In the last round of the Genesis Open today, the wind blew, the leaders fell down, and the last man standing to lift the trophy at the end of the day was red beard–J. B. Holmes. The wild action was performed on stage at the famous Riviera Golf Club in Pacific Palisades, a suburb of Los Angeles, California, near tinsel town Hollywood. It was Holmes’ fifth win on the PGA Tour.
The wind increasingly picked up speed, gusting to 30 miles per hour. It blew in off the Pacific Ocean, two miles away, ascending up the barranca along the east side of Riviera. Justin Thomas admitted afterwards that it upset his game, but only on the greens. It certainly looked like it.
This Genesis Open got off to slow start due to inclement weather. The first day was rained out. That always puts pressure on tournament officials to try to get the event finished on Sunday. So, the leaders today had to play 34 holes. At the end of three rounds this morning, Justin Thomas, the #1 pro golfer in the world in World Rankings, had a four stroke lead over J. B. Holmes and Adam Scott. All three were playing together in the last pairing, which made for an exciting finish.
It was about the same when they started the last nine holes. When Justin Thomas 3-putted the 12th hole, television commentators said that was his first 3-putt in his last 191 holes of competition on the PGA Tour. That’s quite a record.
But it seems that 3-putt was the start of another record, just in the opposite direction. For, Justin then 4-putted the 13th hole, and 3-putted the 14th hole. He kept missing relatively short putts. In fact, he had to make a two-footer on the 4-putt. The other two boys weren’t doing so great in that department either. Holmes 3-putted the 11th hole from a mere three feet! And Scott missed a bushel of putts from inside eight feet. It was maybe the biggest meltdown I’ve ever seen on the PGA Tour on the green carpets. Moreover, it was by three pros who were paired together in the last round and leading the tournament, with the biggest putting collapse coming from the world’s current #1 player.
By the 15th hole, Holmes now had a two stroke lead over Thomas. To further make it interesting, both are among the longest hitters on the Tour; yet they are not big guys. Holmes stands about 5′ 10″ and Thomas is about the same, weighing only 165 pounds. But Holmes hit his drives and mid irons into the teeth of the wind right down the middle and safe on the middle of the greens on 12, 13, 14, and 15.
But on the 175 yard par three 16th, J.B. had a hiccup as his ball landed in the right, green-side bunker with a tough shot to a tucked-right pin. Justin hit a nice first shot 10 feet from the hole for a makeable birdie putt. J. B. putted first from nearly 15 feet going downhill. He hit it right in the middle of the cup at the perfect speed. Justin made his birdie putt to put him one stroke behind J. B.
Thomas’ undoing was an uncharacteristically poor drive on the reachable par-five 17th. He had to negotiate trees to get a third shot from about 130 yards in the fairway, which he played to a respectable eight feet. Holmes blasted a good drive up the middle and a long iron to about thirty feet from the pin for an eagle putt. Holmes easily two-putted and Thomas missed his birdie. Holmes coasted the last hole with a two shot lead as both players parred that 18th hole.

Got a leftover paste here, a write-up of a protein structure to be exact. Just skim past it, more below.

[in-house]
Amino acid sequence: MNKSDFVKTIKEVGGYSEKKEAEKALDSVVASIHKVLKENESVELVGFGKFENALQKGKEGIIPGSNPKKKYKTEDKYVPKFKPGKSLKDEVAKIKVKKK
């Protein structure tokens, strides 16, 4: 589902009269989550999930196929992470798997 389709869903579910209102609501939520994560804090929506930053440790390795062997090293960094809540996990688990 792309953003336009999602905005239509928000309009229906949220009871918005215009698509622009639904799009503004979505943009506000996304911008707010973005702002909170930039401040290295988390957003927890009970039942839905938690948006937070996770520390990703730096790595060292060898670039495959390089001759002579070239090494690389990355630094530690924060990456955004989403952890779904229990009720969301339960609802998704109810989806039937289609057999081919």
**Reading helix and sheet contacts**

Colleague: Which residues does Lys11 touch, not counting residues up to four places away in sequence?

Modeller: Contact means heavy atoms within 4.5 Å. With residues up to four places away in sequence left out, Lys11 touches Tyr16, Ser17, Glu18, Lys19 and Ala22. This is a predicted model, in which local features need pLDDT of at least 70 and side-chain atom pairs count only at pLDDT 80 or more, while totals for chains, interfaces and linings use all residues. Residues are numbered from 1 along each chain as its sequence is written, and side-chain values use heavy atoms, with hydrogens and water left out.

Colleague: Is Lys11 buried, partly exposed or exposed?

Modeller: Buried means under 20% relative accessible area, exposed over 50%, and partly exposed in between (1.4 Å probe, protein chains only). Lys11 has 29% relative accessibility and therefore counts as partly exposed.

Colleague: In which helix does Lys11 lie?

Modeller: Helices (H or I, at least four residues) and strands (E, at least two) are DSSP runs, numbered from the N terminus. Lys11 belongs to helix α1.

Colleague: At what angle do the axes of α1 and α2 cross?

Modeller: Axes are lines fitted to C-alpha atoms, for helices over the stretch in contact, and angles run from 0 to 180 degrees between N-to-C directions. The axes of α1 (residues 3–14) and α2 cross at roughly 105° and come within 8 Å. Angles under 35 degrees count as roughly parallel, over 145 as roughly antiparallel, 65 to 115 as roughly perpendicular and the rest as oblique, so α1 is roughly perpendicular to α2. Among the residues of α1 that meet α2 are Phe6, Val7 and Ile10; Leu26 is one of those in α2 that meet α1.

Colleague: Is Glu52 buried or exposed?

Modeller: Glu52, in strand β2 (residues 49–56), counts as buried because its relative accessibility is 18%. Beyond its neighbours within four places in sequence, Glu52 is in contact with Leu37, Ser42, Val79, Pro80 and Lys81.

When the wind kicks up, putting can be difficult even if it doesn’t blow the ball. If you miss a short putt, that sound of the wind gets in your head. It’s mental, of course, especially when the pressure is on because you are in the hunt. I used to wonder if I’d do better in those circumstances if I put cotton in my ears. But I never did try it.
With all due respect for Justin Thomas, J. B. Holmes deserved the win. In 2011, doctors discovered a misdiagnosis and that he needed brain surgery. After that surgery, he suffered an allergic reaction and had to have another surgery. The poor guy recovered and has been doing fine ever since.
Before that happened, J. B. was my favorite player on Tour for a while. It was because he could hit the ball so, so far. I couldn’t figure out just watching him how he could do it. He made it look so easy with very little turn of his body on his backswing, with a short backswing and hardly any wrist cock at the top of his backswing. All of this makes most golfers hit the ball short. But not J. B. He gets his hidden power by creating so much torque in his lower body on his downswing. He does it by rotating his hips so early on his downswing, even before his finishes his backswing. That causes club head speed, and that’ what J. B. has got in order to hit the ball so far. But it can cause you to miss right. However, J. B. swings the club shut (closed face) on his backswing, so that usually prevents him from missing right. Interestingly, J. B. takes the club back on the inside and with a closed face whereas Justin works real hard, even making a little practice backswing on all his shots, looking at his club face to make sure it stays open and thus doesn’t get closed. As they say, to each his own or there’s more than one way to properly swing a golf club.
J. B. Holmes is an evangelical Christian. He sometimes appears with other Christian guys on Tour at public meetings in which he gives his Christian testimony. I’ve heard him do that at the Waste Management Phoenix Open, near where I live. I think he attends the PGA Tour Bible Study.